Those two words? “Live DJ”.
Now, to start, this isn’t a slam against actual DJs. We’re talking the DJs who regularly play clubs and intermissions between live music events. I have nothing but respect and love for my friends who do this for a living, on everything from hiphop to electronica, because much like standup comedy, I know hard it is and how I don’t have the skills for it. One slightly mistimed song, or one that breaks a theme that’s lovingly kept people dancing for the last hours, and you’re done. The good ones know why they’re there, and know that if they have a reputation for being one of the Good Ones, it’s because they understand their audiences, and get a thrill out of a venue that’s packed to the gills.
For years, I used to complain about the loudness in most clubs, and how it made communication in anything other than text message or semaphore flag nearly impossible. Of course, I talk too much, so for me, anything that inhibits my twenty-hour vowel movement crimps my style and threatens my reputation. A DJ friend explained to me, though, that a club environment that’s too quiet is a club environment that’s crashing. The main source of income for most clubs comes from alcoholic and nonalcoholic drinks, preferably consumed in mass quantities, and talking gets in the way. The standard volume in a dance club precludes small talk, so patrons have one of two choices: drink or dance. You drink, you feel full of confidence, and you get out on the dance floor. You dance, you get tired and/or dehydrated, and it’s back to the bar to get more fuel. If alcohol isn’t your thing, then most clubs carry lines of various energy drinks that both encourage dancing and offer enough of a markup to be profitable. When you either run out of energy entirely or meet someone that encourages a different use of that energy, the idea is then for you to get out of the way, since you can’t just sit around and talk, and make room for newcomers who bring in additional revenues for the club owner. Turn down the music and you destroy that dynamic, and the club eventually changes the locks and puts out a “For Lease” sign.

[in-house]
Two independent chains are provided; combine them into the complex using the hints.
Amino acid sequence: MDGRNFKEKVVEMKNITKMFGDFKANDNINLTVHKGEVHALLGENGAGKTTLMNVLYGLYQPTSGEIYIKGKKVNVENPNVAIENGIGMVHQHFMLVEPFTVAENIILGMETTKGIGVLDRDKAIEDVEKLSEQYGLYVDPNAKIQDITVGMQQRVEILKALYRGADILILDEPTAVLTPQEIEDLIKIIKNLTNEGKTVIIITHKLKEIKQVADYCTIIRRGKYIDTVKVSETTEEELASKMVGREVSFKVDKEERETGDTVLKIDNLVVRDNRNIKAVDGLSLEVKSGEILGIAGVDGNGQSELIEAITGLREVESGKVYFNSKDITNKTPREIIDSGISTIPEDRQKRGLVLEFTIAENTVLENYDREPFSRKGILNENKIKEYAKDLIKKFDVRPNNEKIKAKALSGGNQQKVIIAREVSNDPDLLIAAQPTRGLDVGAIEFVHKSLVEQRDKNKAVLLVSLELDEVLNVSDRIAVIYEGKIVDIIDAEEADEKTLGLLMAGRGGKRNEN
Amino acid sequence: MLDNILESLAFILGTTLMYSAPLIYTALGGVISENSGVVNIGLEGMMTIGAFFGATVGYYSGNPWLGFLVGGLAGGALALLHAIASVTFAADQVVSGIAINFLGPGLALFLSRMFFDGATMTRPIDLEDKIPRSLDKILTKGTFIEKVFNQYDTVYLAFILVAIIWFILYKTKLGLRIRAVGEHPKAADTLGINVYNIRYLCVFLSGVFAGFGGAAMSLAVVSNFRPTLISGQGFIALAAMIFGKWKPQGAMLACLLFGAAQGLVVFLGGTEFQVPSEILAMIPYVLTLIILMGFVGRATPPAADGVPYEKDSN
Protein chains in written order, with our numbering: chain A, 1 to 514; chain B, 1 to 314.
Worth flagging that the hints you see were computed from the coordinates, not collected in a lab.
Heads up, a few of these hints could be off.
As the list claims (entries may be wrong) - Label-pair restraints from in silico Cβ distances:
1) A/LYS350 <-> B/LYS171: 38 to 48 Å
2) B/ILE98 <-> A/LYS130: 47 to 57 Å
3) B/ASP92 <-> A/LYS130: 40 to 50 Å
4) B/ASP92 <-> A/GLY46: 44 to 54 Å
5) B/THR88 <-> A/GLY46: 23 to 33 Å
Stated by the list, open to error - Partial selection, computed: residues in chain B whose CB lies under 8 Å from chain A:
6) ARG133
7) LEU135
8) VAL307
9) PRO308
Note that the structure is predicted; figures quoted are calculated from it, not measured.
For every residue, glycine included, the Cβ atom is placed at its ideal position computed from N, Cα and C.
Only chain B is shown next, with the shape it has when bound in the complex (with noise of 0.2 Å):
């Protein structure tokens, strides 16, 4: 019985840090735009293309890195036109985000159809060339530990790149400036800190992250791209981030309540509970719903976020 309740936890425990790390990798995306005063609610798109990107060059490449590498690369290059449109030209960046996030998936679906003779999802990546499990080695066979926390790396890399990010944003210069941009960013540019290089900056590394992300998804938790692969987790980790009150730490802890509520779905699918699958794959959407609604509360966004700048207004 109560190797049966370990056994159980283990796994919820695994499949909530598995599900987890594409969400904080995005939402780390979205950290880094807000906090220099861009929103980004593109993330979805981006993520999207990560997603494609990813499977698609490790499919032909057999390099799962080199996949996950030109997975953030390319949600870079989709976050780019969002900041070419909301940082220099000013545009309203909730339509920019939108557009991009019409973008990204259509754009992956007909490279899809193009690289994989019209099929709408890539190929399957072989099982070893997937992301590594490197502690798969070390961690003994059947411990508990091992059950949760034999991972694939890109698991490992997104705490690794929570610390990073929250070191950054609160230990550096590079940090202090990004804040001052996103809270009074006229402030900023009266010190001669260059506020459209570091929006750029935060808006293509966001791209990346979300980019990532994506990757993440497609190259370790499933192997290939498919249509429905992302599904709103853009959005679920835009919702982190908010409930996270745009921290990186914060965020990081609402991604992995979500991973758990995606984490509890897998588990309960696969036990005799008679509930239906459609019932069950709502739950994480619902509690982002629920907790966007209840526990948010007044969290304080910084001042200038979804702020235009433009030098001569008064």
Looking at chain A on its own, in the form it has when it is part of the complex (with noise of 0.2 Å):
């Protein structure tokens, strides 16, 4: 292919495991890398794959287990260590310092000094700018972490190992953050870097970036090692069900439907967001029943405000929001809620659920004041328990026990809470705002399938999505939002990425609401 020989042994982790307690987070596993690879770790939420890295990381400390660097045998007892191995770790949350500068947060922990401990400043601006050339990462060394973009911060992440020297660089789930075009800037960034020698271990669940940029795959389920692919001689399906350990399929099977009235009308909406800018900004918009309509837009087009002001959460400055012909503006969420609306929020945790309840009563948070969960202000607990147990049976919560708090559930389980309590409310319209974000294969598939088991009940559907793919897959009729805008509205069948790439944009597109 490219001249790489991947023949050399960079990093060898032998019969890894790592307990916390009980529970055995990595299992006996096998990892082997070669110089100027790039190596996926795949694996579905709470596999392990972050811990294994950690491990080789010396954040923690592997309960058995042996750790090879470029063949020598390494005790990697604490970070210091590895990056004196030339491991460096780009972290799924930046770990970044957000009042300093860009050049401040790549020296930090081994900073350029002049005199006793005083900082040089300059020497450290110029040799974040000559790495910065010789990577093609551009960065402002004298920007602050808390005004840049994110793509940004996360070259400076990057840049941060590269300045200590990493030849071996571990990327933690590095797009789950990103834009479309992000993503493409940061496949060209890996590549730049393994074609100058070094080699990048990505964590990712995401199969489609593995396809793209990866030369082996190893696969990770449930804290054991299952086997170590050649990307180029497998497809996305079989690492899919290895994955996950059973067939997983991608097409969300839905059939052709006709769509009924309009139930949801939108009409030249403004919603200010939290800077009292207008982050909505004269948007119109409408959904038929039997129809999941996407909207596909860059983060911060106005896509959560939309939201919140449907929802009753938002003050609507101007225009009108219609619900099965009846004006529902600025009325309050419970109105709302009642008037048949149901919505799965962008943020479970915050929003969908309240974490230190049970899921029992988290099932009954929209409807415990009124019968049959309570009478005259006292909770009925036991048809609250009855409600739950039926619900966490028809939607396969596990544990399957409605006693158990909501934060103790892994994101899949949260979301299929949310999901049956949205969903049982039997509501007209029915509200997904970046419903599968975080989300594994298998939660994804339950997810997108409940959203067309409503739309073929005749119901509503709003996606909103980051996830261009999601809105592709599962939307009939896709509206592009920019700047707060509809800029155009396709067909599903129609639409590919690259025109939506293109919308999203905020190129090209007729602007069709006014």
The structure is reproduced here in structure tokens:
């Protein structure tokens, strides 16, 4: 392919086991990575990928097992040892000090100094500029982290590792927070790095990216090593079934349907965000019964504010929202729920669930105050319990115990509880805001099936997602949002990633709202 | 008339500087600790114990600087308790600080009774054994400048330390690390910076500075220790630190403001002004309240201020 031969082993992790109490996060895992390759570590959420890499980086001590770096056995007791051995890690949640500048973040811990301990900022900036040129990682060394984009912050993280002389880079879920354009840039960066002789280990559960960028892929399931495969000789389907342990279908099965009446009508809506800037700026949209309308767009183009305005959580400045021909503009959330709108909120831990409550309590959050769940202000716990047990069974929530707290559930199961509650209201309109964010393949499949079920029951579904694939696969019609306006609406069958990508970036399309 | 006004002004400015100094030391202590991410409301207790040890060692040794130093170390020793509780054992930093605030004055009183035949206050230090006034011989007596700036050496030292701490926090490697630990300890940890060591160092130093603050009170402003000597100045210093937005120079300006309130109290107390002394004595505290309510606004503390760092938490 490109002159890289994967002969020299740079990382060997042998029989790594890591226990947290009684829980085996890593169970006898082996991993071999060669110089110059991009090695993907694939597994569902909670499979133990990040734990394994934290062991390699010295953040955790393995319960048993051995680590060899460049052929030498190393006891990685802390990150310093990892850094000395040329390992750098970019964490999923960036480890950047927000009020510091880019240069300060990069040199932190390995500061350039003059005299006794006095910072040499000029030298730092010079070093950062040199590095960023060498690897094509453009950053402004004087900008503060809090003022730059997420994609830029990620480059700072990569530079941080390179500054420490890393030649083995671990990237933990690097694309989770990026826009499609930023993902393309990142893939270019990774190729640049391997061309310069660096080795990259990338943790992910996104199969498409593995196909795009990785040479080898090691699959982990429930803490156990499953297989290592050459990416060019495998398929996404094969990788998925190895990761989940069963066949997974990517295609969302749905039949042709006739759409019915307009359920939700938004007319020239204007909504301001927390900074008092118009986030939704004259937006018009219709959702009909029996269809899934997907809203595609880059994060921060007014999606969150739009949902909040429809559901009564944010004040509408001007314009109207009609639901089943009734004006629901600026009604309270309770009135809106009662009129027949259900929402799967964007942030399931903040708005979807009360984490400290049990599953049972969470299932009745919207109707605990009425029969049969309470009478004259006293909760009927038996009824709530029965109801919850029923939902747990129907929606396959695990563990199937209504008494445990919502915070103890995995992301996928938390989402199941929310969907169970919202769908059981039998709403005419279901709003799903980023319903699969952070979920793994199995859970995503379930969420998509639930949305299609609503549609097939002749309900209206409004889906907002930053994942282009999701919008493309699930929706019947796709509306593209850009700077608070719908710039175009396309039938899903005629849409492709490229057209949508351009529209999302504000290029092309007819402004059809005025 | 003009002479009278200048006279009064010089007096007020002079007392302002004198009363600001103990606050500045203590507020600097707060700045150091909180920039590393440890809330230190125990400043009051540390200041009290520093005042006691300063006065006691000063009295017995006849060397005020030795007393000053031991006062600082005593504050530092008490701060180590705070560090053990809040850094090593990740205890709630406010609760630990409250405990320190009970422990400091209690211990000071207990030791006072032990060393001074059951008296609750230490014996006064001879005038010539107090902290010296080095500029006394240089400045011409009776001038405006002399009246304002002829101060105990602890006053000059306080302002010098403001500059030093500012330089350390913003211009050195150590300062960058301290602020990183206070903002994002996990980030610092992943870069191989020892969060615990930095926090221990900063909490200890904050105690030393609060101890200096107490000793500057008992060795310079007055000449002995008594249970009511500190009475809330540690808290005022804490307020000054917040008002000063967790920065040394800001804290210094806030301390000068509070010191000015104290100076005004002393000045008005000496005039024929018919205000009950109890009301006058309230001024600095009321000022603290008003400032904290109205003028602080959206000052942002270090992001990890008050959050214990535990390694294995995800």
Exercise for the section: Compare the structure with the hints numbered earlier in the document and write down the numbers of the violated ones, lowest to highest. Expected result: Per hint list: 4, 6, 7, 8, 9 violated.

Now, consider this dynamic with any kind of retail venue. Even the local Hot Topic turns down the volume to a dull roar, because customers and retailers need to be able to communicate. Ever notice that auto dealerships and optometrists don’t have DJs playing every day? That’s because the salespeople working those markets need to be able to communicate nuance: what this product does for you and how it’ll do it, and that’s absolutely impossible when screaming.